and Data Exchange
Before we learn what JSON is, it is important to be familiar with the concept of 'data exchange'.
The typical IT department of any business is bound to have multiple applications running. Consider a banking scenario. The bank will have multiple application servers for meeting various requirements like data mining, core banking, security, etc., Each of these applications may come from different vendors, and will run on different platforms. For example, the security application may have been built on C and running on a unix system while the data mining application may have been built using java on a Windows platform.
Typically, these applications will operate on data obtained from the database. Alternately, the data may get serially processed - data from one application may be processed and then output to another application for further processing. In either case, it is important for the different applications to talk to each other and exchange information. Theoretically, this may sound simple. But practically, it is a little more complicated because the applications are from different vendors and operate on different platforms. So they will have different ways of structuring data and understanding structured data.
So for example, if application A structures data in the form: data1, data2, data3, data4....data n
and application B structures data in the form: data n, data n-1,...data1
Clearly, there will be misunderstanding between the two applications when they communicate with each other in the above scenario, especially when the order of data matters.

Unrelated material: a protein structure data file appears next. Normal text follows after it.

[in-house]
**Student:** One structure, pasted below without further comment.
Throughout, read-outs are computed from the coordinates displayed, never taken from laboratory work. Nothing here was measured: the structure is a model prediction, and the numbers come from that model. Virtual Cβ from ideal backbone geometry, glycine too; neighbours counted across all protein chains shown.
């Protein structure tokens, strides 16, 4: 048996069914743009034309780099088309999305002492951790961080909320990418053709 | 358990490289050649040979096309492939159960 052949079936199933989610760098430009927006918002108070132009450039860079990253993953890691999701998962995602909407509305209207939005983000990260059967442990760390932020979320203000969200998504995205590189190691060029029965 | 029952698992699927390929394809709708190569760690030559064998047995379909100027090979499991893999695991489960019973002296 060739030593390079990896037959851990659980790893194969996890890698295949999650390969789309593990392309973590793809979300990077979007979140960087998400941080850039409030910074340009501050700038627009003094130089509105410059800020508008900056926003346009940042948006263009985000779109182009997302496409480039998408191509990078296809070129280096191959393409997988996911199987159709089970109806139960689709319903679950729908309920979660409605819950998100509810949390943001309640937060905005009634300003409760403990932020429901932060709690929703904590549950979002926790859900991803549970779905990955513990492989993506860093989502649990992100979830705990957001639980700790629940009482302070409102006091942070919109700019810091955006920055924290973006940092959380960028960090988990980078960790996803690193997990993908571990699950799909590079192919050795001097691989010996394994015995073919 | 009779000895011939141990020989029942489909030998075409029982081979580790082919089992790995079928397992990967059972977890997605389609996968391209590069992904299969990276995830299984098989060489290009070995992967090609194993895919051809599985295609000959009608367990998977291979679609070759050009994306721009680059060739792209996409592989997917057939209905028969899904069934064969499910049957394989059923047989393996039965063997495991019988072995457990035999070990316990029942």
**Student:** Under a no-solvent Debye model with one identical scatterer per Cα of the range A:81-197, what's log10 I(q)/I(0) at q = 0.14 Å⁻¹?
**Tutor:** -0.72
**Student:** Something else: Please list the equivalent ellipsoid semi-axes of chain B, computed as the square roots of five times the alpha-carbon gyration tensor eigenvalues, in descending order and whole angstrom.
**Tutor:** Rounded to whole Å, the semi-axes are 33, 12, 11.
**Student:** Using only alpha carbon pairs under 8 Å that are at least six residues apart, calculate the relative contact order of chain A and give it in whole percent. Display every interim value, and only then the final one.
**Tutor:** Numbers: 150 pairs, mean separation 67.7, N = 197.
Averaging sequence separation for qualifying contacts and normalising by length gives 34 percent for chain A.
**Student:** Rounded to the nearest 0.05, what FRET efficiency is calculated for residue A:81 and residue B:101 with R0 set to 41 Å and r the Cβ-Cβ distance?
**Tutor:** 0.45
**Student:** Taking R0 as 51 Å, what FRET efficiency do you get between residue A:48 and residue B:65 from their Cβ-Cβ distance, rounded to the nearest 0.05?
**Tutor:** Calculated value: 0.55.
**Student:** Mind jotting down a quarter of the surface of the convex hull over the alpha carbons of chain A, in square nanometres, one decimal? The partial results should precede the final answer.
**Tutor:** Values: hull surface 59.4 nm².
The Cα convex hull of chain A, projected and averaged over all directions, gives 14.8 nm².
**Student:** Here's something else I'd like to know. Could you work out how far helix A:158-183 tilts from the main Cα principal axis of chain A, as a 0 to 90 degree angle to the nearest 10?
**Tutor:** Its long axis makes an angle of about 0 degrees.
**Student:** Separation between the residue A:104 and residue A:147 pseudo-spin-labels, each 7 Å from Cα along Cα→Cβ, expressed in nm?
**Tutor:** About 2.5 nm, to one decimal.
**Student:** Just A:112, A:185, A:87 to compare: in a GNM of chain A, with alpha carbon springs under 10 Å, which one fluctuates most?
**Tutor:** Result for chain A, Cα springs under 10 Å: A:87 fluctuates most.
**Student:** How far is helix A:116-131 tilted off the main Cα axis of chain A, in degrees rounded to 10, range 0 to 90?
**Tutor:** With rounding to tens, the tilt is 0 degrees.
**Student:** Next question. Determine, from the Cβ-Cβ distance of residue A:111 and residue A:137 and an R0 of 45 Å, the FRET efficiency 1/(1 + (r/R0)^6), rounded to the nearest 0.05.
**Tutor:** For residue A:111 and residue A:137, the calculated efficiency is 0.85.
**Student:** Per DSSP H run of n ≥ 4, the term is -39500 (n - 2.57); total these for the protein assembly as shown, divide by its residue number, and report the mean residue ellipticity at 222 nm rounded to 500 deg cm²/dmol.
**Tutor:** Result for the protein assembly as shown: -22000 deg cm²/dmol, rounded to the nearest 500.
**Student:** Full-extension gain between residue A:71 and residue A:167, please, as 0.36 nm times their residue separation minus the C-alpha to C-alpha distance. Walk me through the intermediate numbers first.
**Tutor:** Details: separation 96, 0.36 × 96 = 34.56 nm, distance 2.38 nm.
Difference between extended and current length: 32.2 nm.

This is why, we need a standard way to store data so that it can be exchanged without ambiguity between applications.
Why can't XML be good enough
XML is usually the 'go to' syntax to achieve data exchange. XML is still the widely used data exchange format. A typical XML file will look like this:
* First of all, it would be hard not to notice all the tags. XML is clunky. The tags take up a lot of space and increase the file size. * Second, the applications that access the XML file need to be aware of how to parse the file. So they have to be specially programmed for it.
So What is JSON
JSON is a successor to XML, and provides all the advantages of XML without many of the disadvantages. The above XML example would look as follows
As you can see from the example, JSON is a lot succint compared to XML. Without the tags, it occupies much less space. Also, notice that it uses curly braces, colons and double quotes. Programmers are more comfortable with this notation because the syntax looks very similar to some of the programming languages, especially c.
data. They can use the data as is!